There was no indication that Harding herself plans to climb through the ropes, but, really, how long can it be until we see her unleash her triple Axel-body slam from the top turnbuckle?
Marvin Eugene Throneberry, as you can tell by his initials, was a born Met. Marvelous Marv, who died of cancer last week at age 60, left behind a legacy that defies his career numbers: a .237 batting average with 53 homers in seven major league seasons.
Once, Throneberry, a native of Collierville. Term., was a hot New York Yankee prospect, "a lefthanded first baseman who may be the best since Lou Gehrig," reported the New York Journal-American in 1956. Casey Stengel himself said in the spring of '57, "Throneberry is ambitious and serious, in fine shape...and I regard him as a ballplayer of great promise."
That promise never materialized, and in 1959 the Yanks sent Throneberry to the Kansas City Athletics. The A's later sent him to the Baltimore Orioles, and a few days into the '62 season the Orioles traded him to the fledgling New York Mets, managed by his old mentor Stengel. Throneberry actually had his best year with the '62 Mets, hitting .244 with 16 homers for a team that lost 120 games, but his ineptitude in the field and on the base paths came to symbolize the Amazin's. In one June game he cost New York six runs in one inning. In the top half of the first he allowed a Chicago Cub runner to bump into him during a rundown, leading to a four-run Cub rally, and in the bottom half, his triple with two men aboard went for naught because he failed to touch first base. When Stengel argued the call, umpire Dusty Boggess said, "Casey, he missed second, too."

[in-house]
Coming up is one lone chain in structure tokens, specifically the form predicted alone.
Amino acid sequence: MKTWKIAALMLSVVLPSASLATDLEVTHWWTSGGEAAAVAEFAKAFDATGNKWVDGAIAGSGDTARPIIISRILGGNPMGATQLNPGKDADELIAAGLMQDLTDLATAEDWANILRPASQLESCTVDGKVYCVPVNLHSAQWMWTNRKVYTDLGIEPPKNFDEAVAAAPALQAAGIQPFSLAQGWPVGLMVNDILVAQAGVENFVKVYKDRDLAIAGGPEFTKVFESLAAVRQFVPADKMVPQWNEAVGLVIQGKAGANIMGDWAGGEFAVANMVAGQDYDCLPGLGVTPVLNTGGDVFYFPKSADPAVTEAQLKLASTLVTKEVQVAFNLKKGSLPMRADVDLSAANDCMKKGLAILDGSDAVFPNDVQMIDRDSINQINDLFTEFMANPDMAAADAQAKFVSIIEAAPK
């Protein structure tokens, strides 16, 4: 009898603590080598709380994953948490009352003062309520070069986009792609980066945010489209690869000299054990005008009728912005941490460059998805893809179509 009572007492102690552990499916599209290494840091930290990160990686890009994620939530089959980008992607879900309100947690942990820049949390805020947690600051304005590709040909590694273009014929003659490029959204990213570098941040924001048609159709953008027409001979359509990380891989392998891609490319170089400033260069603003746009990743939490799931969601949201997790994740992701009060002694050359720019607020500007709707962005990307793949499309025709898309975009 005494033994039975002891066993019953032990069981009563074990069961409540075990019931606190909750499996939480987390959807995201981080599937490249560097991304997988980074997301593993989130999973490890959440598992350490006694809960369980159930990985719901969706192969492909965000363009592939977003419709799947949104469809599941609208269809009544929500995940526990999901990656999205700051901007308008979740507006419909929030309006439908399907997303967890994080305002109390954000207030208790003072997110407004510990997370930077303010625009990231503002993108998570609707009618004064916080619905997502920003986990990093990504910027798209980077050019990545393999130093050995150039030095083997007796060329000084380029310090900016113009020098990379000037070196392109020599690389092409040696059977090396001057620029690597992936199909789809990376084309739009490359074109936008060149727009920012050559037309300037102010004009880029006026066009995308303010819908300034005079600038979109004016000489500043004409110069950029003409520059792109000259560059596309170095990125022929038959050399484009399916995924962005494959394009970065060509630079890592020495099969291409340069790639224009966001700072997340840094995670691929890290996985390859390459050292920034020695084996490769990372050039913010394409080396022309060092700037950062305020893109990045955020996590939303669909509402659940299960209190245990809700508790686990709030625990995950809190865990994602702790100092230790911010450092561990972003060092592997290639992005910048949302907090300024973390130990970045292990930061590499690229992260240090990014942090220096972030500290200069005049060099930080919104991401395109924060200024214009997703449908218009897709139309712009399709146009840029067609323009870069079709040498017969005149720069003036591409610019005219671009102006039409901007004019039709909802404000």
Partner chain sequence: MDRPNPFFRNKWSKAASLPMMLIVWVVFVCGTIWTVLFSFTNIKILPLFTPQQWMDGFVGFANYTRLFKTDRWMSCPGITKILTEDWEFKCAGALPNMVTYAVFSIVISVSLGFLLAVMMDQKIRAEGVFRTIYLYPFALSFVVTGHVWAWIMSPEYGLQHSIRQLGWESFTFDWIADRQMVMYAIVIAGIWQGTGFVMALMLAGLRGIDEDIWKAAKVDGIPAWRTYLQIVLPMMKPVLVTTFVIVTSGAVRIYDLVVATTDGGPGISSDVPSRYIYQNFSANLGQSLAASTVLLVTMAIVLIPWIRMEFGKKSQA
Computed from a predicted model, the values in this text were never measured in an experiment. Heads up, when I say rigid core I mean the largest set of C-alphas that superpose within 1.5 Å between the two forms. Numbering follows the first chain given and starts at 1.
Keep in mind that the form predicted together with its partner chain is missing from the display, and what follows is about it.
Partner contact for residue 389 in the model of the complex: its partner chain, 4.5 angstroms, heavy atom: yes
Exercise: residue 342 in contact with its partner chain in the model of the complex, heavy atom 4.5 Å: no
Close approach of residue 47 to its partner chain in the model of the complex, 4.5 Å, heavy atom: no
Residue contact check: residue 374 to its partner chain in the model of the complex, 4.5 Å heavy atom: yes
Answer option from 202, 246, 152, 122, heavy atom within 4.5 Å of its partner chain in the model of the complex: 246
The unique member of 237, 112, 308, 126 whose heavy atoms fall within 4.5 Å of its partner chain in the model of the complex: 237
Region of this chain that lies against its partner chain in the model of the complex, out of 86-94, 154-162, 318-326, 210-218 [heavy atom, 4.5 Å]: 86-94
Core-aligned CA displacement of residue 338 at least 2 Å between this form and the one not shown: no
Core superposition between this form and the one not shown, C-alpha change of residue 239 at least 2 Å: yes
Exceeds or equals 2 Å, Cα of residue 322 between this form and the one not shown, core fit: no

Such misplays endeared Throneberry to the Met faithful, and at the New York Baseball Writers dinner alter the season, he was given the Good Guy award for his self-deprecating demeanor. "They told me not to stand up here too long holding this plaque," said Marvelous Man. "I might drop it."
In the spring of 1963 Throneberry held out for more money. "He's confusing the Good Guy award with the Most Valuable Player trophy," said Met general manager George Weiss. Throneberry eventually signed, but New York sent him down to Buffalo and he never had another major league at bat.
But the legend lived on. In the late 1970s and early '80s, Miller Lite featured Throneberry in a series of TV commercials. He became a star again, simply by uttering variations on the line, "I still don't know why they asked me to do this commercial." Even after the spots stopped running, Throneberry continued to do promotional work for Miller. And though he may not have produced on the field, he certainly produced off it: When he died back home near Collierville, Marvelous Marv left behind five children, 10 grandchildren and lour great-grandchildren.
Television viewers in Iran who tuned in to the Germany- Bolivia World Cup match in Chicago must have wondered why, with the players wilting in the summer heat, spectators at Soldier Field were wearing hats, gloves and fur coats. That inexplicable scene, which was repeated on subsequent World Cup telecasts, was not a sign of American insanity but the result of some sleight of hand by Iranian television.